On his return to Nigeria, Fela Sowande was commissioned by the Director General of the NBS, Mr. Tom Chalmers, to write a work for the Lagos Musical Society to perform for the coronation of Queen Elizabeth II in 1953.  He wrote the anthem, Out of Zion, which was performed by the society, with Fela Sowande accompanying.

Even after his return to Nigeria, Sowande still played a part in British television. Clare Ethel Deniz was a Black British jazz pianist.  Her obituary in Britain’s newspaper, The Guardian,  on January 3, 2003, recalled that she sang in Fela Sowande’s choir for the 1954 television series  Club Ebony.

Between 1955 and 1958, Sowande composed four songs based on African American gospel music:  Roll de Ol’ Chariot, My Way’s Cloudy, De Ol’ Ark’s a-Moverin, and De Angels are Watchin’.

A grant from the United States Government enabled Sowande to travel to the U.S. in 1957 and gave organ recitals in Boston, Chicago and New York.  While in the country, he also lectured on the findings of his research.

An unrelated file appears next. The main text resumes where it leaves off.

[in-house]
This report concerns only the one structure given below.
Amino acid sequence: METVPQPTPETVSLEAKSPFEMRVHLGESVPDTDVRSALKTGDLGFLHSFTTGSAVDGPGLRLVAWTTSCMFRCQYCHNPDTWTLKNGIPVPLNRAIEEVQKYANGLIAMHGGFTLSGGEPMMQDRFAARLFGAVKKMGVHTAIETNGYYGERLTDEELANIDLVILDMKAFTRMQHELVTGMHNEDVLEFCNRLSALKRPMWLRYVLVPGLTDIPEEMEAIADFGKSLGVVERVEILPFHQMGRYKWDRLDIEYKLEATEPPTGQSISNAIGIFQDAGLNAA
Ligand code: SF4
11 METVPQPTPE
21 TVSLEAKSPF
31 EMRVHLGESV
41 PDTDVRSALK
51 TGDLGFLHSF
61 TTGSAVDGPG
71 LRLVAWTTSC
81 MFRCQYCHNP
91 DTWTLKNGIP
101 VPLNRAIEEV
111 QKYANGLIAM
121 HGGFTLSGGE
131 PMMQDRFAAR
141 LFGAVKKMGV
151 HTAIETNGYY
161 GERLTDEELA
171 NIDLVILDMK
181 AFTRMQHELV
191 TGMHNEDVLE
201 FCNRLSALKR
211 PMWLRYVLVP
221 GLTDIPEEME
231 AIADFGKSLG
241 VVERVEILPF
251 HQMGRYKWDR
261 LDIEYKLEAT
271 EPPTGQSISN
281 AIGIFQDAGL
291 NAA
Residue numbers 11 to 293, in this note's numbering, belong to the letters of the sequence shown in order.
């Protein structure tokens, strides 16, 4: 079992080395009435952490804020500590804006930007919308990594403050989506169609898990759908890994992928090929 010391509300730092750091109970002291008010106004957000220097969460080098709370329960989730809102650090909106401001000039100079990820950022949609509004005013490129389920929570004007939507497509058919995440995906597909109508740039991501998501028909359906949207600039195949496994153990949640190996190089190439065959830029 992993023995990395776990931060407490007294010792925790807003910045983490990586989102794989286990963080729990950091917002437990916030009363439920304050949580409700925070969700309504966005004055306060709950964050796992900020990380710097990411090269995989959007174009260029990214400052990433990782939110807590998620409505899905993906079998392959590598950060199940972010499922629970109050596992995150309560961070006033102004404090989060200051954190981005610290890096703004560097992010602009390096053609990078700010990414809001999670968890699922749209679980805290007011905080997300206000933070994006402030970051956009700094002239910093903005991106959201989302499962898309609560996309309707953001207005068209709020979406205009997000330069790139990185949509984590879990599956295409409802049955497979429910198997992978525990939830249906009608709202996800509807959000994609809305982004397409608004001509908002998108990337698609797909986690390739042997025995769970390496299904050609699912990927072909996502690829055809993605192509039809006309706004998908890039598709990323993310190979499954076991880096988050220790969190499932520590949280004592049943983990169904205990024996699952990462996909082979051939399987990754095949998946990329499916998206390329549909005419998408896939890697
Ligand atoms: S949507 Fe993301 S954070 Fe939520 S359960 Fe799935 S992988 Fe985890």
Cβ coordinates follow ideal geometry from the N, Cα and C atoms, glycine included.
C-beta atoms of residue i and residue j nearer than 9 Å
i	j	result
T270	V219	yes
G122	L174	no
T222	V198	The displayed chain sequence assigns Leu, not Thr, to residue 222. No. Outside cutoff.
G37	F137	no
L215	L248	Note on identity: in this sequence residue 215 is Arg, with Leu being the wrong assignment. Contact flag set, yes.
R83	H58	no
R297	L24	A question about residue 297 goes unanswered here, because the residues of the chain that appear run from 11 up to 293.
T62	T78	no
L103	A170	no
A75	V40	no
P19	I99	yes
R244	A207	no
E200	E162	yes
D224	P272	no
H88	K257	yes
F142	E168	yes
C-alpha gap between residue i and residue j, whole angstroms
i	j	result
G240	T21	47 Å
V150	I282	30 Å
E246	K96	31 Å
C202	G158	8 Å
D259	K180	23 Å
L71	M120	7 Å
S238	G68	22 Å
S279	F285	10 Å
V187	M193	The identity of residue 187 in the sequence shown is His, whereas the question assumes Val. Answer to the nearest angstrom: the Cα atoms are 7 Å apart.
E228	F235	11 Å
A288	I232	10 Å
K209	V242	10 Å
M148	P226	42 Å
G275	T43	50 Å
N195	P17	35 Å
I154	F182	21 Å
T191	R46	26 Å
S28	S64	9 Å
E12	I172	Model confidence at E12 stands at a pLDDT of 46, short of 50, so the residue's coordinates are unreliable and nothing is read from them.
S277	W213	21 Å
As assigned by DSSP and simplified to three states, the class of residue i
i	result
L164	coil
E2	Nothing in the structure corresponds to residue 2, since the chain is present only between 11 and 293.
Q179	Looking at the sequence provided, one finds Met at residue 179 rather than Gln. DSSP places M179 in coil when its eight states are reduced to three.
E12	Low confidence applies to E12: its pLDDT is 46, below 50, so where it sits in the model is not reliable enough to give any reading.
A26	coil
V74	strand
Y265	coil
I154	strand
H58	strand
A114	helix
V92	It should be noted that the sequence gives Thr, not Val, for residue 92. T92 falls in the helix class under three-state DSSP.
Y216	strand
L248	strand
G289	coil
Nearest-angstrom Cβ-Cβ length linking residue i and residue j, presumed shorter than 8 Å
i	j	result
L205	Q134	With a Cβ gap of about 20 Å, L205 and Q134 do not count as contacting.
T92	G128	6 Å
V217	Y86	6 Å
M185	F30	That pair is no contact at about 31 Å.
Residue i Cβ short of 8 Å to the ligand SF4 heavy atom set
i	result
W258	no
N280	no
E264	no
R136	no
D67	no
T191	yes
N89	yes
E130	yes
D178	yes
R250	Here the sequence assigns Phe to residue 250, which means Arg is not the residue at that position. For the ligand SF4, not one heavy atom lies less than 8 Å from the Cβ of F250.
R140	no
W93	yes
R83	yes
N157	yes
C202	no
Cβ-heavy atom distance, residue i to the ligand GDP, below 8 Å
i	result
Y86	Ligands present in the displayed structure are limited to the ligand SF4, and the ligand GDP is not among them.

The experimental use of the Western orchestra by Sowande to imitate African musical procedures marked a radical departure from the sacred vocal compositions of earlier composers like Phillips and Rev. J.J. Kuti.  It is an experimental procedure that opened the worldview of younger generations beyond the confines of sacred vocal music to the almost infinite possibilities that an instrumental medium offered. Younger Nigerian composers were excited by these new horizons, and they quickly invaded the instrumental idiom in an invigorated manner.  For example, Sam Akpabot wrote, among others, Scenes from Nigeria (Wind Orchestra, 1962) while Euba wrote Oluroumbi (Symphony Orchestra, 1967); Ekwueme wrote Rhapsody for Strings, while Uzoigwe wrote Fanfare (wind orchestra, 1983).